Students write a piece to post on a blog (on kid-friendly educational site) to describe the work completed and how others could re-create as similar project.

Other Notes/Comments:

Adapted from Lessons from the Salvadori Classrooms •“Classroom Restyle” Used with permission • Copyright © 2006 Salvadori Center • www.salvadori.org

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2009-10 Museum Exhibit Group Roles

After selecting your group members’ roles, record them below:

• Manager—keeps group members on task; communicates with teacher; provides leadership • Reporter—keeper of all records; manages paper; tracks “who’s doing what” • Techie—manages the group’s technology needs (e.g., computers, digital cameras, scanners, and other technology); knows how to use the technology or is willing and able to learn new technology as needed for this project. • Archivists (2)—organizes found stories, photos, and artifacts • Researchers—all group members participate in the research process, actively researching their topic throughout the time spent on the project. NOTE: In addition to the assigned roles, ALL group members are researchers, actively researching their topic during this entire project and should collaborate and help with other roles as needed. Group Roles Manager: ___________________________________________________ Reporter: ___________________________________________________ Techie: _____________________________________________________ Archivist 1: _________________________________________________ Archivist 2: _________________________________________________ Additional Researchers: __________________________________________________________________________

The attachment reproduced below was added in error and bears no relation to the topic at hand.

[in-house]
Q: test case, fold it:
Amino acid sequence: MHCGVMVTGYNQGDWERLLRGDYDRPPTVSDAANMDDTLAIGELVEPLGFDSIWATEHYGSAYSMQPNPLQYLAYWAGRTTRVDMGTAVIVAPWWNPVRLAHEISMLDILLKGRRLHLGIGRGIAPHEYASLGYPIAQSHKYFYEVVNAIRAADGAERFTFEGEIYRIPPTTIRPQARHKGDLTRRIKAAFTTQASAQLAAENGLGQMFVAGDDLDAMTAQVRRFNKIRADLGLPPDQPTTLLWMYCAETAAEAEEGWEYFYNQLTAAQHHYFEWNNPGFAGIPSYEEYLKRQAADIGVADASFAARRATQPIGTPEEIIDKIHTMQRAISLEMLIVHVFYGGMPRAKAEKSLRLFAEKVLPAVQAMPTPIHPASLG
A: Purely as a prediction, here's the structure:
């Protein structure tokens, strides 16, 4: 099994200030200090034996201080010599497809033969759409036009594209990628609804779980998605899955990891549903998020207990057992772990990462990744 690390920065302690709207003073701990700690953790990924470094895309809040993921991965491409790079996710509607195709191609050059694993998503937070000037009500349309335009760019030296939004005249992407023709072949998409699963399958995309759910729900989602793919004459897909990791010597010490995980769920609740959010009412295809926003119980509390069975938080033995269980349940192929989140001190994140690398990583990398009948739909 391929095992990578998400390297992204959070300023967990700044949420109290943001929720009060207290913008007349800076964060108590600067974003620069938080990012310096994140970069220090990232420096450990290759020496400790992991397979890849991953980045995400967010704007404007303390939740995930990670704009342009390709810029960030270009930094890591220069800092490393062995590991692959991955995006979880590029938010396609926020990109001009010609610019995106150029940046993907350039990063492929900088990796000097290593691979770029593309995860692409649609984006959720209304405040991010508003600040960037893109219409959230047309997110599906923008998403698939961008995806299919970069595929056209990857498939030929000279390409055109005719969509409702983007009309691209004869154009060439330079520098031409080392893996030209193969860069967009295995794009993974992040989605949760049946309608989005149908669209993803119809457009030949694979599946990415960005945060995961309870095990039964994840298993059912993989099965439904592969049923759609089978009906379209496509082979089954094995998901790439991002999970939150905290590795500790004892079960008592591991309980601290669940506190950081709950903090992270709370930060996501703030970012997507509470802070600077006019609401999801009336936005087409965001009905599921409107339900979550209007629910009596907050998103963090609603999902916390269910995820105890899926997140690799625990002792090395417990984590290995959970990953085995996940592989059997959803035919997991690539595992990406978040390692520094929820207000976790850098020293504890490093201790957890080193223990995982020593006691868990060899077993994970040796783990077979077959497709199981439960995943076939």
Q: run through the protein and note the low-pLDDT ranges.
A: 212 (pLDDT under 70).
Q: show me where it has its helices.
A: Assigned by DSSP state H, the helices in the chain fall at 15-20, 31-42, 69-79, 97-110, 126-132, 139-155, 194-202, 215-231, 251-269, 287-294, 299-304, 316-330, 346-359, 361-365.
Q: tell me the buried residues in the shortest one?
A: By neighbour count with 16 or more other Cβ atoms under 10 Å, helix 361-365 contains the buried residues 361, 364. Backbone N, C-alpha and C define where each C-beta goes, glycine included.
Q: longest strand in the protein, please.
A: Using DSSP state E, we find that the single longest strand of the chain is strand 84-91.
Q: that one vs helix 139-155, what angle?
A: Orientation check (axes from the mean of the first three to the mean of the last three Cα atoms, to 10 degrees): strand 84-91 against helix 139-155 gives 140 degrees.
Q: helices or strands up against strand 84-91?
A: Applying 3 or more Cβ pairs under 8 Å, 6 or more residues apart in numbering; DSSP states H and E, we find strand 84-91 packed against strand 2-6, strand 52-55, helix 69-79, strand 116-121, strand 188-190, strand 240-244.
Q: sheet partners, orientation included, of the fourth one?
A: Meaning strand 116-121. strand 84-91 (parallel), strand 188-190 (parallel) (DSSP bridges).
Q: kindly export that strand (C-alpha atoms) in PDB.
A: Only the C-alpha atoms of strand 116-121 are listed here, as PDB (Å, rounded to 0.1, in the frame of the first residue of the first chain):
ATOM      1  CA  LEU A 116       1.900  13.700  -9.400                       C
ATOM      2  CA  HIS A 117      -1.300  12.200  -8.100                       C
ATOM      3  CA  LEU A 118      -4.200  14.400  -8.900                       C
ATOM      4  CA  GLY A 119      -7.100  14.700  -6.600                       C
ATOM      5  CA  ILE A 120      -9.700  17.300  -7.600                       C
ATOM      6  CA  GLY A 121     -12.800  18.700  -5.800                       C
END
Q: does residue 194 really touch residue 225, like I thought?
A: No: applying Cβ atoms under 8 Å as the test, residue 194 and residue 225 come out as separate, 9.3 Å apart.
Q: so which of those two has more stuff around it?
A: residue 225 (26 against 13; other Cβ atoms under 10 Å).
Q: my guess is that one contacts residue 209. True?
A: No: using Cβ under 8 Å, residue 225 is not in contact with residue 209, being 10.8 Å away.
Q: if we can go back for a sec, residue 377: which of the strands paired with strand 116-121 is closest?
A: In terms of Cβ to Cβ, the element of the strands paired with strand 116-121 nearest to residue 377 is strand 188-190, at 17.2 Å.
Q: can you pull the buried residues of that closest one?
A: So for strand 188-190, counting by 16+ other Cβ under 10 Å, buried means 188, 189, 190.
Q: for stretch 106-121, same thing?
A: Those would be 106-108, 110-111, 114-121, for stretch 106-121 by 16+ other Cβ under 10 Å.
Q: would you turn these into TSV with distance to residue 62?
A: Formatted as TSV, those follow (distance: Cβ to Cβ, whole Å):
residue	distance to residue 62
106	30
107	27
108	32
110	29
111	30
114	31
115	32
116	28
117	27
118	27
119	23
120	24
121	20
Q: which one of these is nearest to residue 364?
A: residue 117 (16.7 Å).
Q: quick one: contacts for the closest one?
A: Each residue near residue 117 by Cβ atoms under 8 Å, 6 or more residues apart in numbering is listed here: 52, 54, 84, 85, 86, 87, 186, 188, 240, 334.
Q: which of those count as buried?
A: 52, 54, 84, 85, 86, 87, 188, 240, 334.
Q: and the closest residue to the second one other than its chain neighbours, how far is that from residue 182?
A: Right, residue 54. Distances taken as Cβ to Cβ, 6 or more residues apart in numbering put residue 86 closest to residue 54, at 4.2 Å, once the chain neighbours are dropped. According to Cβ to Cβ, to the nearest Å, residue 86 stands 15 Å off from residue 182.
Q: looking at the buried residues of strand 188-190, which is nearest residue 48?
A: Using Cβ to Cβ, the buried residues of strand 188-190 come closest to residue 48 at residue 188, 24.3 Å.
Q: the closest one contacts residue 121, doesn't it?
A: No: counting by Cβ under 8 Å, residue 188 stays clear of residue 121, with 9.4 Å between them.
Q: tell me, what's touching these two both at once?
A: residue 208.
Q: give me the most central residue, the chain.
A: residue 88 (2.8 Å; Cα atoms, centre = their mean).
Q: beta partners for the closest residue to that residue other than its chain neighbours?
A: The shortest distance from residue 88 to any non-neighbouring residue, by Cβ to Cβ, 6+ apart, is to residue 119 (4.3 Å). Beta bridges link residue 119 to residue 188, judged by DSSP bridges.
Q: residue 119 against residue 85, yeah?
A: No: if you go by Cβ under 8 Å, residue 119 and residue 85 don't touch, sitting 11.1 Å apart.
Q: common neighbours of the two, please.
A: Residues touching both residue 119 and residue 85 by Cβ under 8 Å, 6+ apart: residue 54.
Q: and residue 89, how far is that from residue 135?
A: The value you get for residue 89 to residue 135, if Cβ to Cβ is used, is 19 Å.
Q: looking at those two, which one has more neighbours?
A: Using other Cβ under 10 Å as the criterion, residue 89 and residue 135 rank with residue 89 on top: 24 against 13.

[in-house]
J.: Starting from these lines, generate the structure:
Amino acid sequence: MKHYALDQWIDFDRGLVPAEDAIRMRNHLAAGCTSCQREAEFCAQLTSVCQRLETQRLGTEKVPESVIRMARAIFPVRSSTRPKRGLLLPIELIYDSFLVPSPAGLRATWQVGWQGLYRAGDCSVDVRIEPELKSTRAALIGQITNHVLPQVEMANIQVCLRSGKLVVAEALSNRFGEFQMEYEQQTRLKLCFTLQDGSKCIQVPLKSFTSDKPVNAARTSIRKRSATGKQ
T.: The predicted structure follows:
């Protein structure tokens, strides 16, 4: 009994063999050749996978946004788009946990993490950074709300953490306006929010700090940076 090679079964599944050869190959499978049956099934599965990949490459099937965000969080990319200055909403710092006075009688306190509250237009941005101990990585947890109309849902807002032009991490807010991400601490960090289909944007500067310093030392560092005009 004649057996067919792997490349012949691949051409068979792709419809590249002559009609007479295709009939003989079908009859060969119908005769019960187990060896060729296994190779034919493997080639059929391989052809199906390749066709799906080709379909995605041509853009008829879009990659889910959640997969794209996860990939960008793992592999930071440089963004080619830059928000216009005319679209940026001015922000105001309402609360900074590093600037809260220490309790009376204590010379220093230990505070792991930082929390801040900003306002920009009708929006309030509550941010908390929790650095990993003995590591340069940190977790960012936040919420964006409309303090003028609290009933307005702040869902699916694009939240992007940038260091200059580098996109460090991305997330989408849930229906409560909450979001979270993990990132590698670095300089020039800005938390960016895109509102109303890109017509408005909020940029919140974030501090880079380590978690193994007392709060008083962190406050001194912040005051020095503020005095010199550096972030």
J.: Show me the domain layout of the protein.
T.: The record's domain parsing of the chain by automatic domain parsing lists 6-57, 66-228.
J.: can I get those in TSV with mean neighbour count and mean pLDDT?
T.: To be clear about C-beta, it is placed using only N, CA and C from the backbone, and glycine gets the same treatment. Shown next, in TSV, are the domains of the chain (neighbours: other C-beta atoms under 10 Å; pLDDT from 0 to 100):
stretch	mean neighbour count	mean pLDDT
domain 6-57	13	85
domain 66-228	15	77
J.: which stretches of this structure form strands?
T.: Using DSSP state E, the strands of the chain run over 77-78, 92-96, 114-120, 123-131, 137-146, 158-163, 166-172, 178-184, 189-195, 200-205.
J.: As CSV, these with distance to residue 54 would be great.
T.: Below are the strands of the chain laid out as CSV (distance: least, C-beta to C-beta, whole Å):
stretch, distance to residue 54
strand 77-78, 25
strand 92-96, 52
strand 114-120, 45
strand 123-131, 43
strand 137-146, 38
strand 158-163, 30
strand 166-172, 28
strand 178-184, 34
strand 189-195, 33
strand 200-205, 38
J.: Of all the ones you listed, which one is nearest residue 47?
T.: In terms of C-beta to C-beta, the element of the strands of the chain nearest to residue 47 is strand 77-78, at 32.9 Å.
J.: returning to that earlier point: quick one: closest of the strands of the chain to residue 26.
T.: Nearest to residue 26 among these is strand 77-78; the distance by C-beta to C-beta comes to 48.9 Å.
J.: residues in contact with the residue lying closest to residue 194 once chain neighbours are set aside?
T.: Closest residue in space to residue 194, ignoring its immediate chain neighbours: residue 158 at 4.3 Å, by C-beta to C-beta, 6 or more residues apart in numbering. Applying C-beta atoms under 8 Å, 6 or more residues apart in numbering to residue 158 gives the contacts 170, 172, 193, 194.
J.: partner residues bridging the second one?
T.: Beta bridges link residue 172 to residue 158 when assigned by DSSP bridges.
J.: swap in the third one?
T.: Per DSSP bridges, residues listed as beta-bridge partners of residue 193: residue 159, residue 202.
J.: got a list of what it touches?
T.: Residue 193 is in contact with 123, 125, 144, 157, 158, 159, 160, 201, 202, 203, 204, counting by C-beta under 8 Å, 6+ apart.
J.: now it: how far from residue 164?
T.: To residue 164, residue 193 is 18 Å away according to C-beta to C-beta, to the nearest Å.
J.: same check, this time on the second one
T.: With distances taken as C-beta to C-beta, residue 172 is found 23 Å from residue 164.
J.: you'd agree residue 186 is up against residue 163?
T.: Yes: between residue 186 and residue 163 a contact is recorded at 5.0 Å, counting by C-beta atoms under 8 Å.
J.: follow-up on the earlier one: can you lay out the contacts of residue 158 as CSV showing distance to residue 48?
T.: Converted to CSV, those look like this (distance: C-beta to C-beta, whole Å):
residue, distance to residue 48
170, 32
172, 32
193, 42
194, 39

____________________________________________________________________ ____________________________________________________________________

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2009-10 Museum Exhibit Project Timeline

After completing each part of your project, complete the related part of this checklist and then meet, in your group, with your teacher to review your progress.

Due Date

Completed Date

Student Comments

Teacher Comments

Group Role Selection Group Topic Selection Complete Exhibit Planner Internet Research #1 Artifact Collection #1 Internet Research #2 Artifact Collection #2 Artifact Organization Final Exhibit Presentation NOTES:

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Discuss how your group will complete this project. In other words, what is your plan? Discuss each of the following points and then have your group’s Reporter record your final plan on this sheet. 1. What is the topic of your exhibit?

2. What do you already know about your topic?

3. What specific information do you want to learn about the topic?